Overview of Projects
Clinical and Translational Research Accelerator (CTRA) currently has many projects under way. Below you will find information regarding each of them. If you are interested in learning more about them, you can explore their individual pages or contact us.
Acute Interstitial NephritisClinical diagnosis of acute interstitial nephritis (AIN) is challenging as there are no reliable non-invasive biomarkers and its diagnosis currently requires a kidney biopsy.
Kidney Precision Medicine Program at Yale AKI SiteIn the hopes of discovering therapeutic targets for acute kidney injury, which currently has no specific therapy, the NIH/NIDDK has created the Kidney Precision Medicine Program consortium.
Phenotyping Deceased Donor Acute Kidney Injury to Predict Recipient Outcomes (Ancillary Study Using DDS)There are over 100,000 patients awaiting a kidney transplant, but only 20% will receive one.
The Role of Adaptive and Maladaptive Repair Biomarkers in Predicting Cardiac and Renal Outcomes after an Episode of AKI (Ancillary Study using ASSESS-AKI)
Acute kidney injury (AKI) is a risk factor for chronic kidney disease (CKD) and cardiovascular disease (CVD) with several biological processes orchestrating either recovery or progression to poor long-term outcomes after the initial insult
Chronic Kidney Disease in ChildrenProgression of chronic kidney disease (CKD) in children leads to end stage kidney disease (ESKD), which is associated with mortality rates 30-150 times higher than the general pediatric population.
Acute Kidney Injury in Marathon RunnersParticipation in marathons has gained popularity in the United States with up to 1100 marathons and 507, 600 finishers.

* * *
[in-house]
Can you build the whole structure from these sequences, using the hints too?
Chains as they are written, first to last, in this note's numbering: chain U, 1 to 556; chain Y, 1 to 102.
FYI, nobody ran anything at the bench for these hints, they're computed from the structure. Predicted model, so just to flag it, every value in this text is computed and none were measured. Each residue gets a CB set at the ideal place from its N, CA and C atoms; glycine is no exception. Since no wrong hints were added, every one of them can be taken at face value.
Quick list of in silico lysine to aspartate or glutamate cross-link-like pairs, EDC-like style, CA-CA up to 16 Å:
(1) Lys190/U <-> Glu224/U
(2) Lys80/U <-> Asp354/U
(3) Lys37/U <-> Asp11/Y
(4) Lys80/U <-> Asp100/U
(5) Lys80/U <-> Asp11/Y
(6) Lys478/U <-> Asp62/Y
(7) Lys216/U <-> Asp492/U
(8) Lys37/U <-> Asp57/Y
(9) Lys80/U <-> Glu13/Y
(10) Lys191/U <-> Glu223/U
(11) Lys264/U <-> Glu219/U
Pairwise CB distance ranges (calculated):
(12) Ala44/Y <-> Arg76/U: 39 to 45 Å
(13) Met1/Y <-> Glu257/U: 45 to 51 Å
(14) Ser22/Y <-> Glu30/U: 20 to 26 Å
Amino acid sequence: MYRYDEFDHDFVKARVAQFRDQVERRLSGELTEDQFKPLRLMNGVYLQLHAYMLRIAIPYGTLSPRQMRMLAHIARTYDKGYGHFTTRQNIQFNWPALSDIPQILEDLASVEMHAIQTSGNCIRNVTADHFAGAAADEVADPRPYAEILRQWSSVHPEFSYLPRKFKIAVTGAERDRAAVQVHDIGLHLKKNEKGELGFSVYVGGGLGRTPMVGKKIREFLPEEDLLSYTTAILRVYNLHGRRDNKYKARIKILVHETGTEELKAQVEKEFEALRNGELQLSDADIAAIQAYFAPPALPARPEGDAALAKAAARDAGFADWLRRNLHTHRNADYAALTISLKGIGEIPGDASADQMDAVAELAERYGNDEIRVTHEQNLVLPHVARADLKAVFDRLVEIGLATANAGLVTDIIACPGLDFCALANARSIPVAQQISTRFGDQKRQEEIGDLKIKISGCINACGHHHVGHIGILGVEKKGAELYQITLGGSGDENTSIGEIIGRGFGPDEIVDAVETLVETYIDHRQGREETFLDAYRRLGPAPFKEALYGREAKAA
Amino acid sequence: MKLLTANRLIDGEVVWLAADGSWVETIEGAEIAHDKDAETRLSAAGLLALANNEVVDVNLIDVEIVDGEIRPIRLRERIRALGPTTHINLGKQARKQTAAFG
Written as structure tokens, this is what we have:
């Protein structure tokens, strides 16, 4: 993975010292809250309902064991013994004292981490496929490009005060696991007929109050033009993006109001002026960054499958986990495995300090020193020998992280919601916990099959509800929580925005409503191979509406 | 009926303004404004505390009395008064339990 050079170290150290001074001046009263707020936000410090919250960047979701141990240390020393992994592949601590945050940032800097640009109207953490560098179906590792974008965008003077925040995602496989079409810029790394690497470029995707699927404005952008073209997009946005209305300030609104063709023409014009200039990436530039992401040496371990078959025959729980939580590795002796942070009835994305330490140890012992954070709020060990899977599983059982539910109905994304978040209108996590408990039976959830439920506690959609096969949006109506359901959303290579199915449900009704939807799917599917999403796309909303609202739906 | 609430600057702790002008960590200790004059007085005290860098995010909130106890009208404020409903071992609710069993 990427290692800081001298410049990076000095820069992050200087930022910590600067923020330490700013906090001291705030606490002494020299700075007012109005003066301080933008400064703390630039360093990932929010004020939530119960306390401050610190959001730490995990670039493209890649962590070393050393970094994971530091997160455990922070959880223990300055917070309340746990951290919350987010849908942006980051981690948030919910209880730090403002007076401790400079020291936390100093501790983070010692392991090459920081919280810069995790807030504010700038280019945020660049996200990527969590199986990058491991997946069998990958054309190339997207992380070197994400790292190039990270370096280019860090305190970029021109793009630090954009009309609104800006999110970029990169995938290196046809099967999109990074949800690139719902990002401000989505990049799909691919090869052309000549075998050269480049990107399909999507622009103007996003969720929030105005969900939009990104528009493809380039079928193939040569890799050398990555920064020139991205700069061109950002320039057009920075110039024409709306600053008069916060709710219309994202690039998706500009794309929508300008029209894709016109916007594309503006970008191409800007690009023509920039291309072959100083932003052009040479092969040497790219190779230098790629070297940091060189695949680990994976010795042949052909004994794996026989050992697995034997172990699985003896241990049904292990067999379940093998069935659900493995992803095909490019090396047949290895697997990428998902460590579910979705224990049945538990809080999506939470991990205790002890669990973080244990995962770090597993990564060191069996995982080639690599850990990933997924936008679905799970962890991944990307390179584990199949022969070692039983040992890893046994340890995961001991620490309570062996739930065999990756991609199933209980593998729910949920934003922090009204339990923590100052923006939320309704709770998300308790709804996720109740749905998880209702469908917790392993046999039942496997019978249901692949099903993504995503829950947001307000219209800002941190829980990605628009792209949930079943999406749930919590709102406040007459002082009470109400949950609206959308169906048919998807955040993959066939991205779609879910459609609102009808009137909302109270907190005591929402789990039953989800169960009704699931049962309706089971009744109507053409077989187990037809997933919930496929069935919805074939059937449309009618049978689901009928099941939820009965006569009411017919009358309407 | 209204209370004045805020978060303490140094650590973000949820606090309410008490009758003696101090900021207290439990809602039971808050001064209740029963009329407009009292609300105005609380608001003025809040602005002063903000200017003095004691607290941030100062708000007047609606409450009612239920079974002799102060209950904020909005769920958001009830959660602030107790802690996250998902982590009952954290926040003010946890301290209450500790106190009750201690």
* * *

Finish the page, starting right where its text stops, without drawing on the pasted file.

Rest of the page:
Electronic Alerts for Acute Kidney Injury Amelioration (ELAIA-1)Acute kidney injury (AKI) affects up to 20% of hospitalized patients and increases the risk of dying in the hospital by a factor of 10.
Drug Targeted Alerts for Acute Kidney Injury Amelioration (ELAIA-2)This trial will randomize patients with acute kidney injury (AKI) who are receiving a kidney-toxic medication to alerts (highlighting the particular medication) versus usual care.
Learning Alerts for Acute Kidney Injury (ELAIA-3)This trial will use an advanced machine-learning technique known as uplift modeling to target AKI alerts to a subset of patients who are most likely to be benefited by reducing alert fatigue and improving overall effectiveness.
Predicting Imminent AKI (AKI Tomorrow)While AKI carries substantial risk, there remains no therapeutic intervention that can alter the course of AKI once it develops, beyond optimizing usual care.
Targeting Histone Deacetylase in Focal Segmental Glomerulosclerosis: From Mice to PatientsOur prior research in a mouse model of proteinuric kidney disease revealed upregulation of a protein called histone deacetylase (HDAC).
Risk EValuation And its Impact on ClinicAL Decision Making and Outcomes in Heart Failure: The REVeAL-HF TrialAcute heart failure is the most common cause of hospitalizations in the United States with an associated mortality that exceeds most cancers.
Rheumatology Translational Research Laboratory BiorepositoryThe Rheumatology Translational Research Laboratory Biorepository was created to support translational research geared towards understanding the pathophysiology of rheumatic, connective tissue and autoimmune diseases
The Kidney BiobankThe Kidney Biobank was created by the Yale Section of Nephrology to support translational research focused on understanding the pathophysiology and therapies of kidney diseases.
DOM-CovXThe Department of Medicine COVID Explorer (DOM-CovX) is a tool aimed at democratization of clinical data for the purpose of furthering clinical research and hypothesis generation.
The PROMPT TrialsThe Pragmatic Trial Of Messaging to Providers (PROMPT) Trials are pragmatic, randomized trials focused on improving patient care through the provision of electronic medical record-based alerts.
Kidney Action TeamAcute kidney injury (AKI) is common in the hospital setting, occurring in up to 5-20% of hospitalized adults.